'Spenser Confidential' Is an Action-Comedy Slog Directed by Peter Berg
Starring Mark Wahlberg, Winston Duke, Alan Arkin, Iliza Shlesinger, Marc Maron, Post Malone
Published Mar 11, 2020Belonging in a bargain bin, but currently on Netflix's front page, Spenser Confidential is an action-comedy film starring Mark Walhberg and Winston Duke, directed by Peter Berg — his fifth collaboration with Walhberg following their work together on the likes of Mile 22 and Lone Survivor. The film concerns Spenser (Walhberg) who, after spending five years in prison for attacking his corrupt police captain, befriends his new roommate Hawk (Duke) to solve a murder involving his former police colleagues.
Most of Spenser Confidential's pleasures come from small comedic beats like watching Wahlberg praise his dog as "a queen," or listening to Iliza Shlesinger admonishing the leads for doing "Batman business," but in general, the film is lacking in artistry. There are countless dull drone shots of Boston in place of any real city texture. The action is edited carelessly — nearly every thrown fist lands without impact — and as a mystery, the movie is especially un-engaging. The conspiracy at its centre is pieced together in a lackadaisical manner, and the plot relies more on coincidence than ingenuity in design.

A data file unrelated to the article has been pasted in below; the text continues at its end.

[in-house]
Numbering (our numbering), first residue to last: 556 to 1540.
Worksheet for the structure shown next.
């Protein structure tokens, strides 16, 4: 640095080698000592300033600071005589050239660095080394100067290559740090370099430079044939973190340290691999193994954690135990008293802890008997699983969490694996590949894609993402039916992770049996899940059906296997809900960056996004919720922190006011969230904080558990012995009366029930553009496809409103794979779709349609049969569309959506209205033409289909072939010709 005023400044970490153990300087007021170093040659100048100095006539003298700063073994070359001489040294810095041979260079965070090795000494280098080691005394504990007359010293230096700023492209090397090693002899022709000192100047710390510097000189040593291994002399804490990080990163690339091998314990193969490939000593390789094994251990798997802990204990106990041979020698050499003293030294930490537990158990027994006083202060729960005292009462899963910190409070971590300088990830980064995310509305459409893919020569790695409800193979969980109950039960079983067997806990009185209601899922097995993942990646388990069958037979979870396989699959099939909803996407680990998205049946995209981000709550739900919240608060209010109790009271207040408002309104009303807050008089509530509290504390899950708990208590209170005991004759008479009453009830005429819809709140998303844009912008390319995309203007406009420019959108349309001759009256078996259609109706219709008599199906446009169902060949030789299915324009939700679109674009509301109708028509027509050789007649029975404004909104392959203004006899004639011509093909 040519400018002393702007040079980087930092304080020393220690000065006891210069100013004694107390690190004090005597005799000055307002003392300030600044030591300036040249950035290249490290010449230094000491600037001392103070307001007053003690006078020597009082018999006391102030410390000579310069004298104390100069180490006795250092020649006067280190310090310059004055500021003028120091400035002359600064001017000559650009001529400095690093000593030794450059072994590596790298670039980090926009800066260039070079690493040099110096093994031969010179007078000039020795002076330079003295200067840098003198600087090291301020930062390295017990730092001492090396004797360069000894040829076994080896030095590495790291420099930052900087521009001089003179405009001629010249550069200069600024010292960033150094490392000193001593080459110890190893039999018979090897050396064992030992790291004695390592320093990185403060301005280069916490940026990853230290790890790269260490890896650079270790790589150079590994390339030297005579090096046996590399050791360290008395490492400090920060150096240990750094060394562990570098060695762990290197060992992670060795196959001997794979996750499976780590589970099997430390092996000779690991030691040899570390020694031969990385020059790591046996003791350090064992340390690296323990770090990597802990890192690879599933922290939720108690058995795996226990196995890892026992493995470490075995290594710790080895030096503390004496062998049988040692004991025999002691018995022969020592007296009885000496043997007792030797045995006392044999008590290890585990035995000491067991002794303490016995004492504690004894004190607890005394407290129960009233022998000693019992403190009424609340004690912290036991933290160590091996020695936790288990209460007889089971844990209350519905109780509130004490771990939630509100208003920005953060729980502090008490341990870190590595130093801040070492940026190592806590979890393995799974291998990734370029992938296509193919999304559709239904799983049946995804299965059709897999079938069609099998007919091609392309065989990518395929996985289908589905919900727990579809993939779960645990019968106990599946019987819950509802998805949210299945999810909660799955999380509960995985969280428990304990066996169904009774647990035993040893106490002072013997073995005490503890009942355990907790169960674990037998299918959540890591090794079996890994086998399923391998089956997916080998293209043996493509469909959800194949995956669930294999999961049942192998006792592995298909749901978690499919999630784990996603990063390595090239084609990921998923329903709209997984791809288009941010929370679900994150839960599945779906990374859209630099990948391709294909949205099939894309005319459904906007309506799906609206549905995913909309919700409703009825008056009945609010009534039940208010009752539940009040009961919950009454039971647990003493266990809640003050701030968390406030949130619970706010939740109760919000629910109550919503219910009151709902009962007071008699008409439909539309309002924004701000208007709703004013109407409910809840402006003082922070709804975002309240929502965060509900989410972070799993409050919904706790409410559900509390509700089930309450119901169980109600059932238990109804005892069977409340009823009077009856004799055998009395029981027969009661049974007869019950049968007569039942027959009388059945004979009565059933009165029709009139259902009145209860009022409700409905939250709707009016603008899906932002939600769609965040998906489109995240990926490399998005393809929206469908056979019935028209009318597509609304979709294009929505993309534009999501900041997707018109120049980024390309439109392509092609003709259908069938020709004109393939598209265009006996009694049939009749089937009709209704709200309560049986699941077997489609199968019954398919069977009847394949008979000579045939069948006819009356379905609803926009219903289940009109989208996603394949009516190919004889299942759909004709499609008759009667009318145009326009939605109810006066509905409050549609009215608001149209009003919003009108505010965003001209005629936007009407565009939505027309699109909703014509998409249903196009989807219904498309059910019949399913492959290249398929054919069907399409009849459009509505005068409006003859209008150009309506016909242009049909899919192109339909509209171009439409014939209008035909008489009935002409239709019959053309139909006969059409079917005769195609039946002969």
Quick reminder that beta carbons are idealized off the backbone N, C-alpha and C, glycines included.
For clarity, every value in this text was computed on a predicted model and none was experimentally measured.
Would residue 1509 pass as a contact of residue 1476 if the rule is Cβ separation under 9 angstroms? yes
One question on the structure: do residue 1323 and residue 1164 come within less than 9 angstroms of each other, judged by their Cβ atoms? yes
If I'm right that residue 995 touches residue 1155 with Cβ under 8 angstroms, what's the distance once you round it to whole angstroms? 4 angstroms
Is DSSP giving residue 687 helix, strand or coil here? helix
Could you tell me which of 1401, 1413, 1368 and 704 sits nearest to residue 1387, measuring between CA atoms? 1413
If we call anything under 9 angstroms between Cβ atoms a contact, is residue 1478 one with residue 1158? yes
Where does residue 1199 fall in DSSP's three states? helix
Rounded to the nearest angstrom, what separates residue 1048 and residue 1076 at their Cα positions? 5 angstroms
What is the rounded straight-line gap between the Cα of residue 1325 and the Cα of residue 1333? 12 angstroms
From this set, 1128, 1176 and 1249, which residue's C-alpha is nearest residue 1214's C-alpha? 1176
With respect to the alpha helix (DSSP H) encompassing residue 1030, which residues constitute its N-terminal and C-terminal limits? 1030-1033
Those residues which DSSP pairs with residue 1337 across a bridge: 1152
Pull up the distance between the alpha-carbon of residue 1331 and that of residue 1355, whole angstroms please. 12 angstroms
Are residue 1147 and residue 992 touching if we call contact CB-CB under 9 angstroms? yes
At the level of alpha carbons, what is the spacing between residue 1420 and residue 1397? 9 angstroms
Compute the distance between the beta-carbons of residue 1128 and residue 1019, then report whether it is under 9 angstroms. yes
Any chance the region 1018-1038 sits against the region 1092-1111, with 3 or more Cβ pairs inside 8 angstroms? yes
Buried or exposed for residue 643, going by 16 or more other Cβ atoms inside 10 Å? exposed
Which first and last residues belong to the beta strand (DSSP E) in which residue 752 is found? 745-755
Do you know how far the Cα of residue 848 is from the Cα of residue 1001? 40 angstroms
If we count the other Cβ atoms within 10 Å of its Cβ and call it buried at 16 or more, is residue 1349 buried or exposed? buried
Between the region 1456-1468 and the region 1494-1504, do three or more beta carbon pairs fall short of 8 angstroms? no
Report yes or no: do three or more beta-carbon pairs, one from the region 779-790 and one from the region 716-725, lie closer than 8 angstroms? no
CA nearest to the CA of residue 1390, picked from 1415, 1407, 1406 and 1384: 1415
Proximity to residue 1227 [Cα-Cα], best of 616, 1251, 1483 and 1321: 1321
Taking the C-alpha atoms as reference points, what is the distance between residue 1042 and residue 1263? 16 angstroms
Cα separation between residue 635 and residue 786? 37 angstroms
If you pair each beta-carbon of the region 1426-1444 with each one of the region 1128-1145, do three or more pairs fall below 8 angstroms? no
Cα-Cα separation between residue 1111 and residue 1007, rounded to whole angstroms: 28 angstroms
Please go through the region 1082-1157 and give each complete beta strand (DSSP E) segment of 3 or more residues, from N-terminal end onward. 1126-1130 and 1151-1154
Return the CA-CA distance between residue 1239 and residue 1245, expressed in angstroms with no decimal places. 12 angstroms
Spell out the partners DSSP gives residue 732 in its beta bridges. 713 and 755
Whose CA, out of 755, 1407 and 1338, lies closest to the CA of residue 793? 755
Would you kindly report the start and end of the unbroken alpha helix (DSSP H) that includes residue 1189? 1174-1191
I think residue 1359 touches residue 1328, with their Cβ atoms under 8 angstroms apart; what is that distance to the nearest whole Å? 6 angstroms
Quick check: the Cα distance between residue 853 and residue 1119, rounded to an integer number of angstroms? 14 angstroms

Berg captures even the most basic of interactions with bewildering visual choices. For example, in an early scene when Spenser arrives at his new home, every so often the film cuts to a bizarre security camera style view of the street, entirely unmotivated and very distracting.
Mark Wahlberg is affable enough as Spenser, but Winston Duke is the film's greatest asset. Despite being given hardly anything to work with, Duke makes Hawk the most three-dimensional of the cast, appearing genuine even when delivering paper-thin material. Populating the film's margins is a supporting cast delivering performances of varying quality, such as rapper Post Malone, clearly having fun mugging in his role as a smug prison inmate, and others, like Alan Arkin and Marc Maron, whose talents are wasted.
A few moments in the film hint at idiosyncrasies that could be interesting were they magnified, but Berg doesn't know where to look, and as a result, Spenser Confidential is a slog.